In the 1990 census the government officially noted the You Tai, before classifying them as part of the Han Chinese nationality. The You Tai are already extinct as an ethnolinguistic people, but they do retain a common pride in their lost heritage. One visitor reported, "They were very curious about their origins, though physically and culturally they seemed indistinguishable from other Chinese." Most of the inhabitants of Kaifeng are aware of the existence of the You Tai and can direct visitors to the location where their synagogue used to stand.
Although now more of a historic novelty than a distinct people group, the You Tai have a rich and fascinating past. Jews have been in China since at least the ninth century AD. One scholar claims the You Tai migrated to China from Persia and Yemen 1,000 to 1,500 years ago. In the thirteenth century Marco Polo described Jews living in mixed communities with Nestorian Christians at various places along the Old Silk Road. When the Jesuits reached China in the sixteenth century they "found a colony of Jews in Kaifeng, but no Christians." Matteo Ricci established that there were 10 or 12 families of Israelites in Kaifeng - "all expert in the Hebrew language" - but discovered a much larger Jewish community in a place he refers to as Cequian at the capital of Hamcheu. Scholars have not been able to identify these places. The Jews in Kaifeng constructed a synagogue in 1163 which was destroyed by a flood in 1461. Kaifeng grew to a thriving population of 20,000 Jews and was known as the "Jerusalem of China." Another flood of the Yellow River in 1642 again destroyed the synagogue. In the seventeenth century there were a dozen Jewish communities throughout China and Tibet. They retained their religious practices as Jews right up to about 1850, when, "poverty stricken and isolated for centuries from any contact with other Jews, they demolished their own synagogue and sold the bricks."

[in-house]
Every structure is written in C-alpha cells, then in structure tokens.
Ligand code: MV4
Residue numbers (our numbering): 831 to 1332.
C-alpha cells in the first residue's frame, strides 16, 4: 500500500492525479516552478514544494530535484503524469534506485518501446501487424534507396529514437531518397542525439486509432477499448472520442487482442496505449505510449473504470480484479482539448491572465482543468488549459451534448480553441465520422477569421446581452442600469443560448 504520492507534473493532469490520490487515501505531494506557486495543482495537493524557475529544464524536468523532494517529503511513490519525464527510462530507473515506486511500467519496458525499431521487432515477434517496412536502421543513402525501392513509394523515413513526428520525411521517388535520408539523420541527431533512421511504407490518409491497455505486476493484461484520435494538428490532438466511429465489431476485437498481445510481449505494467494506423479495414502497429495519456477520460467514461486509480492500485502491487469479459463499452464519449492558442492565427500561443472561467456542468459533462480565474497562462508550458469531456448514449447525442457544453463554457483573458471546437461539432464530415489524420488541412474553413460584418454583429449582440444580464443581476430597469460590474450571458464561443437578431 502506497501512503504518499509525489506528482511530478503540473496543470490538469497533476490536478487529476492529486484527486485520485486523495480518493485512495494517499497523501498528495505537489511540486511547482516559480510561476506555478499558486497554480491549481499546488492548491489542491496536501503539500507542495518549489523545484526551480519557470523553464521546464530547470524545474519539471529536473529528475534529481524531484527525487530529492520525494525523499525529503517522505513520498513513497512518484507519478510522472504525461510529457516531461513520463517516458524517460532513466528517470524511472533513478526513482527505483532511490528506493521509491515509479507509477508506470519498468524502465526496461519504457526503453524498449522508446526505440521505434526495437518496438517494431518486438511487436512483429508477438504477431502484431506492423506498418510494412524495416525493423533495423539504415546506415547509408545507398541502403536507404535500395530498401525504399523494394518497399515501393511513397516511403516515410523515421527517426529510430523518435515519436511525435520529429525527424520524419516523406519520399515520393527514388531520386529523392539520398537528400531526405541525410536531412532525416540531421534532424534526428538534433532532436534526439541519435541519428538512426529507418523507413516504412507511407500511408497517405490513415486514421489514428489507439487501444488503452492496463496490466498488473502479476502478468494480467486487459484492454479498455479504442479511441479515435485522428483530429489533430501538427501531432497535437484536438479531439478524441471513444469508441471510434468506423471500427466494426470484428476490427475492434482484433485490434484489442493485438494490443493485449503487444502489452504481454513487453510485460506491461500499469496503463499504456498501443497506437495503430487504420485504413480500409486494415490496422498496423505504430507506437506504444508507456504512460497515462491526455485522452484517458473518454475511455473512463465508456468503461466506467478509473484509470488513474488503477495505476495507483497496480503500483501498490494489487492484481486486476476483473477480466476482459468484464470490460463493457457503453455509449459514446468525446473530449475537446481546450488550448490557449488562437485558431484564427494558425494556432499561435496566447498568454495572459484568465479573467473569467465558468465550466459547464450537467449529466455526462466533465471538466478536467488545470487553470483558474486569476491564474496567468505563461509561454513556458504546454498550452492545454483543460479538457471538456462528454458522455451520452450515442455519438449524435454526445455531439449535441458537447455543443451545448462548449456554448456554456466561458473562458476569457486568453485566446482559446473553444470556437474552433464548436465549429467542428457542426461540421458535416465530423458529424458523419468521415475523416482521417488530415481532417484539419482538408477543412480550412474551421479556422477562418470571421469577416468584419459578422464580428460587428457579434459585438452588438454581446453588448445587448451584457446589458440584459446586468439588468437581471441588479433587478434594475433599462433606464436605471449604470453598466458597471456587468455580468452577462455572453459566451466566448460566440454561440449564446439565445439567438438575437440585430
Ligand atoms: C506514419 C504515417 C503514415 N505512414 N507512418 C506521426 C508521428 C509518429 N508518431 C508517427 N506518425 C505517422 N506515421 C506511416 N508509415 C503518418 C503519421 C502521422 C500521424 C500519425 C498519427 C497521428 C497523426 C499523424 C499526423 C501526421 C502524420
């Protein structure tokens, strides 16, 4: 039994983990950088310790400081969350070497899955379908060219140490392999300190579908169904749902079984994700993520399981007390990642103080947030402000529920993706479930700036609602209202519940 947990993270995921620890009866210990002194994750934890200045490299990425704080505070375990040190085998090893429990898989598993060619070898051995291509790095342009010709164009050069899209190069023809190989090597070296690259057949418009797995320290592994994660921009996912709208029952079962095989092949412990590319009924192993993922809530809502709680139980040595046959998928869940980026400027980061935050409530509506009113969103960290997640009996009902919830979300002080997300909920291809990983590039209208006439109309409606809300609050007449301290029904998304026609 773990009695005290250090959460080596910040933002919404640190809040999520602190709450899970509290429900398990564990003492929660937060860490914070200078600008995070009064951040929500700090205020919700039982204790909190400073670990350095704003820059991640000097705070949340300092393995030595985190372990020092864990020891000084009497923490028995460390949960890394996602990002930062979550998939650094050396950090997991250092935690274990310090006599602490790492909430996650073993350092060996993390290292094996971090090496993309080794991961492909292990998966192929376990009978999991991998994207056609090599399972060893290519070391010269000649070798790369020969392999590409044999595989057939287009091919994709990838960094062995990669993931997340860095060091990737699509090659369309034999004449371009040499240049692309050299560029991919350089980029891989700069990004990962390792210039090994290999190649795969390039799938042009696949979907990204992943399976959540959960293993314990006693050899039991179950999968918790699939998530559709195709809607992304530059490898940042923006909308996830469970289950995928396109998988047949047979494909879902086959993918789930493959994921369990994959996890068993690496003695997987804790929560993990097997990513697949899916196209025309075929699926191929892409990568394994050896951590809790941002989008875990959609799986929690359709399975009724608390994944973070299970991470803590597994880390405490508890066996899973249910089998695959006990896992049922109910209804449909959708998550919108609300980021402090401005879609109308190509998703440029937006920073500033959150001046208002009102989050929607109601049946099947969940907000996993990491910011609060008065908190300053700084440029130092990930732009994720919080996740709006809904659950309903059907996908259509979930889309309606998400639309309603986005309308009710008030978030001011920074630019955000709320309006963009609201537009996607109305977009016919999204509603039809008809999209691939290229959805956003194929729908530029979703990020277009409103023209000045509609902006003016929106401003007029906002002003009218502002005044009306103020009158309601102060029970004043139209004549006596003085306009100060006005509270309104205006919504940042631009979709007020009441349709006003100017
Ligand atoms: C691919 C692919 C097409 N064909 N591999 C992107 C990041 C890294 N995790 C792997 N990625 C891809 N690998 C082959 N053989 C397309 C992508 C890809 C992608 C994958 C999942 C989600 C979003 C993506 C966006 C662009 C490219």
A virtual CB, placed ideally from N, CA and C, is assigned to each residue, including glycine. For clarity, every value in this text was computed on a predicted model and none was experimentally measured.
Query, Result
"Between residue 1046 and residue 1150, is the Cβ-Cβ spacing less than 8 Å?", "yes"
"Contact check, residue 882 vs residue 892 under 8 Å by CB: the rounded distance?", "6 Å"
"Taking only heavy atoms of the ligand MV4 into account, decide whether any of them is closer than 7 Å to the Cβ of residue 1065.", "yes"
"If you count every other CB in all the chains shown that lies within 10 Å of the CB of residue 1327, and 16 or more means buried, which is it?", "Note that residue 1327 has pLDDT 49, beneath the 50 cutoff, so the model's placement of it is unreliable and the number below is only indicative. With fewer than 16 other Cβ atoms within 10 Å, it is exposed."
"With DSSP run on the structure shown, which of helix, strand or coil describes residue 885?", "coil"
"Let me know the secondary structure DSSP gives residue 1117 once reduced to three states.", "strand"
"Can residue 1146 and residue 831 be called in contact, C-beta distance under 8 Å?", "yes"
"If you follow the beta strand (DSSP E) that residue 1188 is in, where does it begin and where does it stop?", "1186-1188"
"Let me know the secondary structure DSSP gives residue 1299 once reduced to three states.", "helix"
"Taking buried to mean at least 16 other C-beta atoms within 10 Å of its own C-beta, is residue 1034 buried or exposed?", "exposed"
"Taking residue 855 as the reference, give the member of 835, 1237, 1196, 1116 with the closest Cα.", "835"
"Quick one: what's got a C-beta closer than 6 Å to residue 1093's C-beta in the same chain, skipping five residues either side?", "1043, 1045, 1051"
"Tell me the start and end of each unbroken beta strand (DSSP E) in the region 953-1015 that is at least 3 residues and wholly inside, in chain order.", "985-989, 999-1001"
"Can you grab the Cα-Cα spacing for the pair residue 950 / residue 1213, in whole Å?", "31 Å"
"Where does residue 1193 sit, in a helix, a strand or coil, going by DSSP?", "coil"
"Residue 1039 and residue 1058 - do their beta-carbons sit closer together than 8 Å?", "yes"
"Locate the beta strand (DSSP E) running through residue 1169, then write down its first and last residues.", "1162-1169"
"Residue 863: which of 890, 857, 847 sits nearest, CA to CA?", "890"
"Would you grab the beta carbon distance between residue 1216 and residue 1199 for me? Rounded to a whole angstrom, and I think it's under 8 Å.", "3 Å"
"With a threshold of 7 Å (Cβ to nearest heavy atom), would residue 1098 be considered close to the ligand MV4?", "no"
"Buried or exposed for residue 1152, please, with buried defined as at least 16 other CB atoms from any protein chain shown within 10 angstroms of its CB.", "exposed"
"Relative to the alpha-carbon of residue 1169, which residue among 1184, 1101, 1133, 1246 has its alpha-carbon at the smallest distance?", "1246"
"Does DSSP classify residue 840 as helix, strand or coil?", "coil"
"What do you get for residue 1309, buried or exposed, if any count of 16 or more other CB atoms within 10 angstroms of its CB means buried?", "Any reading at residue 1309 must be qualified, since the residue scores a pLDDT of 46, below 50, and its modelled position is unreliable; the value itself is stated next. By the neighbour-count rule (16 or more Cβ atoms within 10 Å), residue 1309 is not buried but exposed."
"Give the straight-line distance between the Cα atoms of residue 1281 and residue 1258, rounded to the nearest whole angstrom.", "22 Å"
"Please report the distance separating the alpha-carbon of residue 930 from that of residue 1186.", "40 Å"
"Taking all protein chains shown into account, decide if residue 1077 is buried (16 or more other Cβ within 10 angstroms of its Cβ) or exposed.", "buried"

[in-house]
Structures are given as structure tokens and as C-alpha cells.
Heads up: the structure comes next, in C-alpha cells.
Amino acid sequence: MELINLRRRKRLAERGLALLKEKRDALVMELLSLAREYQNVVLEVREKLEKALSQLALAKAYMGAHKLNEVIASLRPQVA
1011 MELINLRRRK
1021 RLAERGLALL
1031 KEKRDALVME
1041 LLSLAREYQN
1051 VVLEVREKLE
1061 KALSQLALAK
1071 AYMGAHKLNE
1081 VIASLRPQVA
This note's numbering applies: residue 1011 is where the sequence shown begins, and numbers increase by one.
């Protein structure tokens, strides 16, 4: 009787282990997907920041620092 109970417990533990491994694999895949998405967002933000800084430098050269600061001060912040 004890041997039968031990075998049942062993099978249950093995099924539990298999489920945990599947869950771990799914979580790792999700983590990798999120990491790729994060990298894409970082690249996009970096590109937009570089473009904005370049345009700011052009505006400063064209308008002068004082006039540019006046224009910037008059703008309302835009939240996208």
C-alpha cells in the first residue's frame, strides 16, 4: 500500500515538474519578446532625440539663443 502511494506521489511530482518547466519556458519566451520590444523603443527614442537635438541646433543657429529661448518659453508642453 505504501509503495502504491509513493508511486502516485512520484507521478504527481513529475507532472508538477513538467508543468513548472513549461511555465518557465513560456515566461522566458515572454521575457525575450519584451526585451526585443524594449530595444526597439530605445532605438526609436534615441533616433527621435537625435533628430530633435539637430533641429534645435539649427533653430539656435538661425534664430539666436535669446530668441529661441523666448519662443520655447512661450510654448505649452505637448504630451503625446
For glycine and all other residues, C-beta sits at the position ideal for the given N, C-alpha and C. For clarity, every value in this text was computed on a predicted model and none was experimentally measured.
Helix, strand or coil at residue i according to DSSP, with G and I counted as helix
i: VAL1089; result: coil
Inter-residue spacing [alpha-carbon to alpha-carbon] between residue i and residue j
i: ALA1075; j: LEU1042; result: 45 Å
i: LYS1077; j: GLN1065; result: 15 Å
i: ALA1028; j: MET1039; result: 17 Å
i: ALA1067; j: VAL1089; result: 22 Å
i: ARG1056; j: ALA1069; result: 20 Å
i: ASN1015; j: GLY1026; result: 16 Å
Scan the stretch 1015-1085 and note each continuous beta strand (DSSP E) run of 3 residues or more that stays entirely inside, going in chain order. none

The You Tai today have completely assimilated to the Han Chinese culture and have no distinct customs left.
After the final destruction of the synagogue in 1850, all practice of Judaism among the You Tai ceased. Scrolls of the Pentateuch (five Books of Moses), which had been carefully preserved for centuries, were sold to Christian missionaries in the late 1800s. Most You Tai are nonreligious, while a few families in Kaifeng have been converted to Islam by neighboring Hui communities.
There are some Christians today among the You Tai. A letter from the You Tai leaders in 1870 said in part, "Morning and night with tears in our eyes and with offerings of incense, we implore God that our religion may flourish again."